Rick Shaw, founder and connecting the dots officer of Awareity, discusses workplace violence warning signs and gap elimination.
Q. Warning signs are sometimes observed before an act of workplace violence occurs. What are some of these signs?
A. Warning signs are changes in behavior and behaviors that are more frequent and more disruptive in the workplace. This could include becoming distracted, making mistakes and blaming others, disrespecting authority, missing work more often and showing up late, changing health or hygiene habits, talking about grievances and being a victim, holding grudges and talking about negative things that might happen, as well as posting social media messages that become more aggressive.
Q. Are these warning signs usually reported?
A. Post-incident evidence overwhelmingly exposes numerous and common gaps, silos, and disconnects, including people, departments, systems, egos, and policies that prevented warning signs from being shared with the right people who could take action to disrupt, intervene, and prevent violence before it escalated.
Even when organizations collected warning signs and shared them with the right people, there were often intervention and prevention failures because of gaps in communication with members of the community, such as law enforcement, social workers, and mental health professionals.
Q. Why do these gaps and disconnects exist in the workplace?
A. Policies usually direct employees to report warning signs to supervisors, managers, or trusted adults—who are often not trained to act, are not consistent in their actions, or cannot take action. This can create silos where individuals are holding vital pieces of the puzzle about concerning behavior, but are unable to see the bigger picture—an actual threat to the organization.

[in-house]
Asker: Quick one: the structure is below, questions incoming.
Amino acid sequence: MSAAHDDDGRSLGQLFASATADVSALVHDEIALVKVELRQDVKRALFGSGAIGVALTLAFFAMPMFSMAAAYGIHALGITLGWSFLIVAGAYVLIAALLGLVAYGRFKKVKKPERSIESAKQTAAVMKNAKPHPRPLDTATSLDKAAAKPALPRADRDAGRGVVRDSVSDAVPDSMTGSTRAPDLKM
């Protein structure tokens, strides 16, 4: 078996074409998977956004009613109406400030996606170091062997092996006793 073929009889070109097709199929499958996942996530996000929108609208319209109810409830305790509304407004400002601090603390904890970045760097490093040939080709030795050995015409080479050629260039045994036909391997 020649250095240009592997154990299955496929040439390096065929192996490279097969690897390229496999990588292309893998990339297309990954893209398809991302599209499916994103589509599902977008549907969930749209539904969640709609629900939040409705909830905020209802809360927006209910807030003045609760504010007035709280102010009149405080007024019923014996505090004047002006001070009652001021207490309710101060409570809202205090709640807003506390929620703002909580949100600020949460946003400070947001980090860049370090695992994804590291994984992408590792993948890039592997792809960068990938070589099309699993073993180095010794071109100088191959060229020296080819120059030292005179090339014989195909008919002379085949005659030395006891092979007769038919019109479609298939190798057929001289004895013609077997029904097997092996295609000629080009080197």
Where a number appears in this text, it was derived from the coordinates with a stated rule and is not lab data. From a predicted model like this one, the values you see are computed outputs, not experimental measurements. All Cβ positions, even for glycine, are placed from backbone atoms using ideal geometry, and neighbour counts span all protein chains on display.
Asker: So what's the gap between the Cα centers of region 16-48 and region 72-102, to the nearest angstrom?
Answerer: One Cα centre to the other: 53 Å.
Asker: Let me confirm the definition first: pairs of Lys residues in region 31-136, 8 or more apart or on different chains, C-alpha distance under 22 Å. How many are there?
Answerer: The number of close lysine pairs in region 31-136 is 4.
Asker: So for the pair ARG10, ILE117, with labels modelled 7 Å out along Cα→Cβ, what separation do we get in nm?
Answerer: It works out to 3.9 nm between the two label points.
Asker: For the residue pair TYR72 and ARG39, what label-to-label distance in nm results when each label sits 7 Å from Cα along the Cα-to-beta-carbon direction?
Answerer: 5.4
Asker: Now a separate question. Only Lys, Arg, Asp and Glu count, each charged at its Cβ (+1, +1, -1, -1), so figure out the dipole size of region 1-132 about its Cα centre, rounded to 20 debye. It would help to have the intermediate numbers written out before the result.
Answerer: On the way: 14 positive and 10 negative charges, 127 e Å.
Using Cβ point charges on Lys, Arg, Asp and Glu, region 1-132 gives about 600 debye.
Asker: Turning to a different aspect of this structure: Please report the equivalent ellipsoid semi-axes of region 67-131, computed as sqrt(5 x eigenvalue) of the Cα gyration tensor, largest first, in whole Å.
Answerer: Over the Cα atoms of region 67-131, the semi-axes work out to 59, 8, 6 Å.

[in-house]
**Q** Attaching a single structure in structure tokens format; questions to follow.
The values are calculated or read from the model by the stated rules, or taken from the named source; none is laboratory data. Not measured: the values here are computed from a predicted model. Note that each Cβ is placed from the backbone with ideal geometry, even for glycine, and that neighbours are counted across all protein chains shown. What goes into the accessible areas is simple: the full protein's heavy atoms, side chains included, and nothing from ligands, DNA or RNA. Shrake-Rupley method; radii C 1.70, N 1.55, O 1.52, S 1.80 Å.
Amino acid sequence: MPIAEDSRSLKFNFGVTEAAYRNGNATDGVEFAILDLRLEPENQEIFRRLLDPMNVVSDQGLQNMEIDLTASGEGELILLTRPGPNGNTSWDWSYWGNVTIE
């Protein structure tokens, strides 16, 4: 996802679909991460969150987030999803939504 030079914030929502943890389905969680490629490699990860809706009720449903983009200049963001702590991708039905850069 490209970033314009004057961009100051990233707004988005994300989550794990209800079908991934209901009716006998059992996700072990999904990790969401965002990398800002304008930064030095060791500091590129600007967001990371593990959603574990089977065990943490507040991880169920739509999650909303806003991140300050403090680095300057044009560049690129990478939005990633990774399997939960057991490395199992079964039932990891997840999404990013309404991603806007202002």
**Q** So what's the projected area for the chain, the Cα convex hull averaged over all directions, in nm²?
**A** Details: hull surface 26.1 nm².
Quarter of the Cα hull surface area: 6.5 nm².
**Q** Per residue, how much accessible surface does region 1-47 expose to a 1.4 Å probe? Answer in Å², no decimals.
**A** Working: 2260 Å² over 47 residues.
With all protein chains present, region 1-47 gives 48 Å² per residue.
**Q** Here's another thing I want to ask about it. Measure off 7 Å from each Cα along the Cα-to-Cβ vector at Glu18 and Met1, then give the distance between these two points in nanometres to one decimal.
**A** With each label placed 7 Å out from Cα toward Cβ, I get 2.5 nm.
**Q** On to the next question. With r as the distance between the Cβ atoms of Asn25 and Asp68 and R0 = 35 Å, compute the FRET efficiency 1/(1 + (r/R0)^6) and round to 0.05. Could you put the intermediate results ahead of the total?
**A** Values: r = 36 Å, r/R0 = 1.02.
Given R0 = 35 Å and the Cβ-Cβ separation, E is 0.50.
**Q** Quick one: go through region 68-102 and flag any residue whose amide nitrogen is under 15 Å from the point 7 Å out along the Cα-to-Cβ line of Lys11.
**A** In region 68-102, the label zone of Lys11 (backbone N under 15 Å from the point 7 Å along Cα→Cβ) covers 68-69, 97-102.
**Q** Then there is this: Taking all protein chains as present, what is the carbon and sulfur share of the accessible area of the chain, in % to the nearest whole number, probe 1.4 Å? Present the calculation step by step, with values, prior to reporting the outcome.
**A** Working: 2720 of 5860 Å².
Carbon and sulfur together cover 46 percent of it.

Employees may not trust reporting to supervisors or management due to fear of retaliation or fear for their own safety if not protected. Employees may not report concerning behaviors if a real anonymous option, such as a hotline, does not exist.
When employees do report warning signs and that report is not followed with proactive actions to address the behavior, they often will no longer go out of their way to report future warning signs.
Q. Outside the workplace, what other disconnects exist in reporting warning signs?
A. Overwhelming evidence in post-event reports reveals that some of the most important—and critically needed—warning signs are observed by family, friends, significant others, and other community members. They may not report them to law enforcement because they fear for their safety or fear being attacked or criticized in the public eye.
Warning signs and other critical pieces of the puzzle can also come from social media. In multiple shootings such as the one targeting former U.S. Congress member Gabby Giffords and the on-air shooting in Virginia, the attackers posted social media threats prior to the acts.